True or False: Insurance companies, including Medicare will only pay for one brace every five years?
Medicare regulations state that the reasonable useful lifetime (RUL) for an AFO is five years. But there are circumstances when it’s justified to replace a Richie Brace before that time. Of course, proper documentation in the medical record is essential. Reasons to replace a Richie Brace include:
- A substantial change in the patient’s condition. There must be a citation in the narrative section of the billing document. If the patient’s condition has changed or deteriorated, it’s important to include that information. The patient may be complaining of increased pain, constrained mobility, and function that is not improving with the current AFO.
Another example is a patient who wears a leather, ankle gauntlet for treatment of posterior tibial tendon dysfunction (PTTD) and experiences significant worsening including weakness, pain, and deformity. A Richie Brace with a Medial Arch Suspender is a more appropriate treatment option.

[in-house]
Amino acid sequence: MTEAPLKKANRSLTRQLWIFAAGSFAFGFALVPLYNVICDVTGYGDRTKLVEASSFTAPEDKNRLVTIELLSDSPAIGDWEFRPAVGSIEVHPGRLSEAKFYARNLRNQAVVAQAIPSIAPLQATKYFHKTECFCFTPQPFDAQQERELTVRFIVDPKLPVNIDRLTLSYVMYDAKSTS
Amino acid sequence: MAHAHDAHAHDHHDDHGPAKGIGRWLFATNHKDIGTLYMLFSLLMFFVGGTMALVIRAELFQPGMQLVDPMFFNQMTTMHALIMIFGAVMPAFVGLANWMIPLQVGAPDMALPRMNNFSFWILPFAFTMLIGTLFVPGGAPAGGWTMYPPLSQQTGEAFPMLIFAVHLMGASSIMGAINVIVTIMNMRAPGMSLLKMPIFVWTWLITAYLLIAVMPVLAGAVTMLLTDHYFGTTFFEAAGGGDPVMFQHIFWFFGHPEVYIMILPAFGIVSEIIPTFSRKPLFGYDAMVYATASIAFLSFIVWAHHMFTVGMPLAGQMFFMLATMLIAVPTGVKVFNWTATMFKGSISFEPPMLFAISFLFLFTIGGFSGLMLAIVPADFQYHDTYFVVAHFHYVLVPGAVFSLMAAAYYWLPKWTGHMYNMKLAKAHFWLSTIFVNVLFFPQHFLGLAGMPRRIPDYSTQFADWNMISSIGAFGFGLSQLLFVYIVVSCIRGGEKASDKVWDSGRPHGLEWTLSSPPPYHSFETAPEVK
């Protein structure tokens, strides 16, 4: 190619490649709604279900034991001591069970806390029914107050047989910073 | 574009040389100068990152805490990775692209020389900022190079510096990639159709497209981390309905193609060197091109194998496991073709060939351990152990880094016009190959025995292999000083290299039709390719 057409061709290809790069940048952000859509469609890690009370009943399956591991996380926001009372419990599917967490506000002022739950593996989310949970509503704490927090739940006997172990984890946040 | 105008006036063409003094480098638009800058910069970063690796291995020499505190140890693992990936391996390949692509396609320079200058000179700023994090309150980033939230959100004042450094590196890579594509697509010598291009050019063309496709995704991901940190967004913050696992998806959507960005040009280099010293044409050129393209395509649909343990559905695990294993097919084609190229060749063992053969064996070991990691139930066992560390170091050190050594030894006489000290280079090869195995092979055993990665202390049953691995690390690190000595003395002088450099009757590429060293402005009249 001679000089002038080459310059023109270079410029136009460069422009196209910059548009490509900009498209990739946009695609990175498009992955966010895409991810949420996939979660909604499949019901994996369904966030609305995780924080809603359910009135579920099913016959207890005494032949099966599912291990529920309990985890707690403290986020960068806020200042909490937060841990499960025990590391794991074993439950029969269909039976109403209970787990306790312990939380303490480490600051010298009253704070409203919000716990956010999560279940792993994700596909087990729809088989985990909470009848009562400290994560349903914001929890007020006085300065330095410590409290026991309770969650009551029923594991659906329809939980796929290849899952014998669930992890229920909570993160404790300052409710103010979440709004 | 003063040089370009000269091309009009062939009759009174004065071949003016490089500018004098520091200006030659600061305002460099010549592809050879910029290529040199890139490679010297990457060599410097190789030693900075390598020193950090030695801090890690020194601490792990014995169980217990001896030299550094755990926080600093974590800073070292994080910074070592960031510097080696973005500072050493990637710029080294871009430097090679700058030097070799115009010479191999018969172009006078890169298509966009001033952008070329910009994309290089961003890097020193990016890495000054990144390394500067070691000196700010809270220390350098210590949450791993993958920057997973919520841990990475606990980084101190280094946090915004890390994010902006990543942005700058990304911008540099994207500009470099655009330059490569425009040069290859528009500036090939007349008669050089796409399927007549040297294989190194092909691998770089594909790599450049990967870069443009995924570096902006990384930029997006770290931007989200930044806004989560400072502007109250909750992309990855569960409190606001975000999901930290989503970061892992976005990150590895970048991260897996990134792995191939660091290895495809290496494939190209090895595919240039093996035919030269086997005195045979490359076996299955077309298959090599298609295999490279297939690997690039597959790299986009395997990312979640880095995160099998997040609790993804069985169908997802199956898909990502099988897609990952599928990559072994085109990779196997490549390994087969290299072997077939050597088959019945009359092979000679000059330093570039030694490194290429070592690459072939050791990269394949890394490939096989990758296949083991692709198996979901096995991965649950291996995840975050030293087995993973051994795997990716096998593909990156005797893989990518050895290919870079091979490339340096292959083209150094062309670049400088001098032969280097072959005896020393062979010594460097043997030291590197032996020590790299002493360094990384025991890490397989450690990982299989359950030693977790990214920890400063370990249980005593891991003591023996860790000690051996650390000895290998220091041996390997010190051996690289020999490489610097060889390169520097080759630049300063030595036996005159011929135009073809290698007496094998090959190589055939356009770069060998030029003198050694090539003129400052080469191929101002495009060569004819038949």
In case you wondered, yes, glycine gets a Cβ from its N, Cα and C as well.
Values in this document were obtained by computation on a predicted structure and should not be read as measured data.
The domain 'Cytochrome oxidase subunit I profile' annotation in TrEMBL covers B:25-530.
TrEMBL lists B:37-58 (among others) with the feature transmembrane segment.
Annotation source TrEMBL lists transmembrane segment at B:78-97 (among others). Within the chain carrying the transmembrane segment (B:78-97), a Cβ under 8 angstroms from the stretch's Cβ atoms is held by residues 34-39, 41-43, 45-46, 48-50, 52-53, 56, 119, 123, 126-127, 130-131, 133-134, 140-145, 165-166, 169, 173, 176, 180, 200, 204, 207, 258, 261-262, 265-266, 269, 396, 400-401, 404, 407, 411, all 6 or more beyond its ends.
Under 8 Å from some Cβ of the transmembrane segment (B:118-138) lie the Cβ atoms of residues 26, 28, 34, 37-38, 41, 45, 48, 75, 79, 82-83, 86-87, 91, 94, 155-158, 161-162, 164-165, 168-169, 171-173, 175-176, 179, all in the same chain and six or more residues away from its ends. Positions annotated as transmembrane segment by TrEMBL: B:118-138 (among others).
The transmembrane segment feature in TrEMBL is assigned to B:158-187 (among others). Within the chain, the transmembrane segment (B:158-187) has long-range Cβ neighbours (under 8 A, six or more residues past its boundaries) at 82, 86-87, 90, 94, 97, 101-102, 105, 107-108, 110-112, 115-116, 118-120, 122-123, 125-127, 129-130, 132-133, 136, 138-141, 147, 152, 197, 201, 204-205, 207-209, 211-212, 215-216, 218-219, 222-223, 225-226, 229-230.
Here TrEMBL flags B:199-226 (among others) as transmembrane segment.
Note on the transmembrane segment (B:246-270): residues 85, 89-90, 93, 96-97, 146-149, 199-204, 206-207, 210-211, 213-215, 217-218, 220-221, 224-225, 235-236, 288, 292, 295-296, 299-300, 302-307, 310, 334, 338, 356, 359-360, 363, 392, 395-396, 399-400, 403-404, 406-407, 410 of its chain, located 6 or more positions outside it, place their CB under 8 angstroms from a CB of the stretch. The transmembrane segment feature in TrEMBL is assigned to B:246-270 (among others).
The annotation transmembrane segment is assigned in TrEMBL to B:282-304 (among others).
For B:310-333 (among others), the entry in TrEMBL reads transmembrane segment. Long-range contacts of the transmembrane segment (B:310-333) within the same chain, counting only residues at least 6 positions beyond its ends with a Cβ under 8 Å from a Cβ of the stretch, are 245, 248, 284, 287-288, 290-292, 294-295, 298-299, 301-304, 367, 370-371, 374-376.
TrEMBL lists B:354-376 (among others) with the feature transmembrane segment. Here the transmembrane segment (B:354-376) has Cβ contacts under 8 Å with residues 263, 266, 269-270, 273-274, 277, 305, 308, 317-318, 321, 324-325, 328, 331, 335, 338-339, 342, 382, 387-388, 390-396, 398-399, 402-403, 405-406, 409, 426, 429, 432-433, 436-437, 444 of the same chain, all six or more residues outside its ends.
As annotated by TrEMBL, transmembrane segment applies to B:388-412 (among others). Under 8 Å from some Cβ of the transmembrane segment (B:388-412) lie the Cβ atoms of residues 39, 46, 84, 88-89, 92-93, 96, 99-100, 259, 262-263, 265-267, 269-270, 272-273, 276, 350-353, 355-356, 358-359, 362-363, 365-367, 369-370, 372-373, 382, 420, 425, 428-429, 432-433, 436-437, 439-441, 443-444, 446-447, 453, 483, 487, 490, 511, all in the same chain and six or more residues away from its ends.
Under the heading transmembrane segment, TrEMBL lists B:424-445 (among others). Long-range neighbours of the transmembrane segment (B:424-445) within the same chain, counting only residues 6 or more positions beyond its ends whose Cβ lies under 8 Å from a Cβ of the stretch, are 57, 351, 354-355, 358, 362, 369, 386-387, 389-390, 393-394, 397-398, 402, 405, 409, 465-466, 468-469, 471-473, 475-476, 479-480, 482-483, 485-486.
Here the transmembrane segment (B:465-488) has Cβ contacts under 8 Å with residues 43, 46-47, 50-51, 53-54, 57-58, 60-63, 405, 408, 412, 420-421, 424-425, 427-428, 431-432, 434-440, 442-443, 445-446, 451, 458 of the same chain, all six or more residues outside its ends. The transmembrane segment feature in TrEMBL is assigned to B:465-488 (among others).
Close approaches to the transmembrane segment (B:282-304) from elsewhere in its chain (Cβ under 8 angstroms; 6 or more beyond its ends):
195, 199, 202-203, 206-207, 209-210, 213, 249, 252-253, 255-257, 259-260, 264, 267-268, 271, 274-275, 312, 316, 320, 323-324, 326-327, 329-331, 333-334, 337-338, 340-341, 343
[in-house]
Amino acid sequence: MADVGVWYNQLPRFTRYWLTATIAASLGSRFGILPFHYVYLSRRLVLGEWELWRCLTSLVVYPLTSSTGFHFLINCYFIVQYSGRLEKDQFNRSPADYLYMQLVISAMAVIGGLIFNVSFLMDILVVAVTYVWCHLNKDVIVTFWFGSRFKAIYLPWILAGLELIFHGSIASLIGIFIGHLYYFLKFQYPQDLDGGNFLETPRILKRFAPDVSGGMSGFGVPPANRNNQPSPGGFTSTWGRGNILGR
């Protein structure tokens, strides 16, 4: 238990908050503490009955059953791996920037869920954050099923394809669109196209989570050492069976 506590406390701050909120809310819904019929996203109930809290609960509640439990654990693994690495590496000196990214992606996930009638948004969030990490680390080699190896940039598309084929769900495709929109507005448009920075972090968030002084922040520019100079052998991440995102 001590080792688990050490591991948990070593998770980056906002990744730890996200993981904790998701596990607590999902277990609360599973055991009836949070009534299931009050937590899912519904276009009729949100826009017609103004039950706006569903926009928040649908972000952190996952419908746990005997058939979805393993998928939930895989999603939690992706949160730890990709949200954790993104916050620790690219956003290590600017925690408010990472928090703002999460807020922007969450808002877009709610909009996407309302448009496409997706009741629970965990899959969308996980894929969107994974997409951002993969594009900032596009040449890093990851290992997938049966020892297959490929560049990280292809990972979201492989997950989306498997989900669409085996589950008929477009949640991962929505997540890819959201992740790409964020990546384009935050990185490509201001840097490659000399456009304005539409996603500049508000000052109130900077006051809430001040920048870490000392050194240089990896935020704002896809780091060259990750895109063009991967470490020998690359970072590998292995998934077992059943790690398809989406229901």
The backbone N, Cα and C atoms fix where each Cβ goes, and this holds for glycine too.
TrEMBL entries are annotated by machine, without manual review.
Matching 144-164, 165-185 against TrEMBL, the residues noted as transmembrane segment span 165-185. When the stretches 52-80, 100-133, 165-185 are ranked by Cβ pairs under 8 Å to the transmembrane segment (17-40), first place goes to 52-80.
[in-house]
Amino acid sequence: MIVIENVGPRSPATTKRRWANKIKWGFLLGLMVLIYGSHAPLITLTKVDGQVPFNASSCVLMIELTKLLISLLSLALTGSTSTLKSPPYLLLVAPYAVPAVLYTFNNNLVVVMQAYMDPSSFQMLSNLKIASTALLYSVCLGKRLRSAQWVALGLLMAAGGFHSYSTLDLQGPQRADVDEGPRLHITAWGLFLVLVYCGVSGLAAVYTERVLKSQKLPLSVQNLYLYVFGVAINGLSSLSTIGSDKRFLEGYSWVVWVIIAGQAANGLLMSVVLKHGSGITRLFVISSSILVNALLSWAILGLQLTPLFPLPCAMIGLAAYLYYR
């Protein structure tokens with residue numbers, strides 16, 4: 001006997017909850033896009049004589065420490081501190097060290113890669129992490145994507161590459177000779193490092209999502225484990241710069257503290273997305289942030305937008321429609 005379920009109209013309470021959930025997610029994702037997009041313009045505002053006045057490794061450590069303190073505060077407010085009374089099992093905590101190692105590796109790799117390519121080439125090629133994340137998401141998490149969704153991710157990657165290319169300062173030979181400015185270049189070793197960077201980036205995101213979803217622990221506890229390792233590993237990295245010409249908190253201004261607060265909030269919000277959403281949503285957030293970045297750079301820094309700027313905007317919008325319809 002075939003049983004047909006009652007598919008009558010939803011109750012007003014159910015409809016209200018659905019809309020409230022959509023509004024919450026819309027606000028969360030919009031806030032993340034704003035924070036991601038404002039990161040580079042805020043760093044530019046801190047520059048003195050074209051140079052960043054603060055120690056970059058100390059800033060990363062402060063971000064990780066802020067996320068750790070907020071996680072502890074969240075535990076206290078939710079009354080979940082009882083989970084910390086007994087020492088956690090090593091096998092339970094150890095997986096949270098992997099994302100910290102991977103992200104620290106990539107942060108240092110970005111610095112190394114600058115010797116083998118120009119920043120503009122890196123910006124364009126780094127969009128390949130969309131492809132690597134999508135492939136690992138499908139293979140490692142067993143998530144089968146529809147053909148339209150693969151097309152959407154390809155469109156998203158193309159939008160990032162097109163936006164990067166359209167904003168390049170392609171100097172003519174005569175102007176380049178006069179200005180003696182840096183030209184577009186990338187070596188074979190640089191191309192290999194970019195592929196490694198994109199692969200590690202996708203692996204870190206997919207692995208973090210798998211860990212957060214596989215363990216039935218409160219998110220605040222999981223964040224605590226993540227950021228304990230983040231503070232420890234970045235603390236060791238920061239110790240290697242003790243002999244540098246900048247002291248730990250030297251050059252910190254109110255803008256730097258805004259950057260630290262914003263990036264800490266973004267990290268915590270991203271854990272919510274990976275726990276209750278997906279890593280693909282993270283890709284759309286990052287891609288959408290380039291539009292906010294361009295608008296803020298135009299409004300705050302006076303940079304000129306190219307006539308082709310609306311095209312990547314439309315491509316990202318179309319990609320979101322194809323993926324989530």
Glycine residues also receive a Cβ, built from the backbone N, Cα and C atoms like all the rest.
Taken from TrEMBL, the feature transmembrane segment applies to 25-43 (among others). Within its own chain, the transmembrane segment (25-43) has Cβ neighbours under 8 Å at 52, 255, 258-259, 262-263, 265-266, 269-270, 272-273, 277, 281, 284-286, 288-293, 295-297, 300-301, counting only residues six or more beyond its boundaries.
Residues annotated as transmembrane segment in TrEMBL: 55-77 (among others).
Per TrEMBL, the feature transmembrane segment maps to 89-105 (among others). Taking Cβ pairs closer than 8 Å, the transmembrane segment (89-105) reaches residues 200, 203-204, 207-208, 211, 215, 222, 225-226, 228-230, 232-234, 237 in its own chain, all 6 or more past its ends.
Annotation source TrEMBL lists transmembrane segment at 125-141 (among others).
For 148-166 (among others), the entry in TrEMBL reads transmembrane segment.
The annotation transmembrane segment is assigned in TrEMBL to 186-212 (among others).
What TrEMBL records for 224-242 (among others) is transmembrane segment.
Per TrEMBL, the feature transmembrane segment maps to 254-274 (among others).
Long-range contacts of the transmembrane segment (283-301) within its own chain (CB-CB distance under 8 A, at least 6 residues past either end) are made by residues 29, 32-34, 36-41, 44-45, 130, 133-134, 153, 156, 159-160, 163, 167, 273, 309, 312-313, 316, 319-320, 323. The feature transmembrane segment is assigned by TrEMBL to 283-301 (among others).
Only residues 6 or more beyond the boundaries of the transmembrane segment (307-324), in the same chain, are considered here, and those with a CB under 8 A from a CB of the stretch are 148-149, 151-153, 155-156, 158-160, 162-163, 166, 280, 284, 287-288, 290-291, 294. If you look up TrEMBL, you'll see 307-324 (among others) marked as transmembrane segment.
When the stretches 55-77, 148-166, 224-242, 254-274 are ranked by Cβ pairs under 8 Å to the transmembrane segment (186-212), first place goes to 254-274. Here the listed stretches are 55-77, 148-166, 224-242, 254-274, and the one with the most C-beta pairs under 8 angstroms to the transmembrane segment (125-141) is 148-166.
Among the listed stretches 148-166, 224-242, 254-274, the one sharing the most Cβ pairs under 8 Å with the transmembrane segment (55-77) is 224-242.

Medicare will request documentation to show medical necessity for the new brace.
- Irreparable damage or loss. This includes things like fire, flood, loss of the device, theft, or an accident. IIf any component of the brace becomes broken, it can be considered an accident. When you are replacing the same type of AFO, use the modifier RA. Medicare requires a narrative explaining the reason for a replacement if it is before the end of the reasonable useful lifetime.
Normal wear and tear are not considered a reason to replace the brace. The brace must be repaired. If another brace is ordered, the supplier is responsible for the cost.
Understanding the Richie Brace Medicare Rules and Regulations can be Confusing.
Need more detailed information? The Richie Brace website provides in-depth detail on Richie Brace Medicare regulations and how to handle claims replacement of Richie Braces. As always, we recommend you check with Medicare to be sure you comply with all current and applicable regulations.
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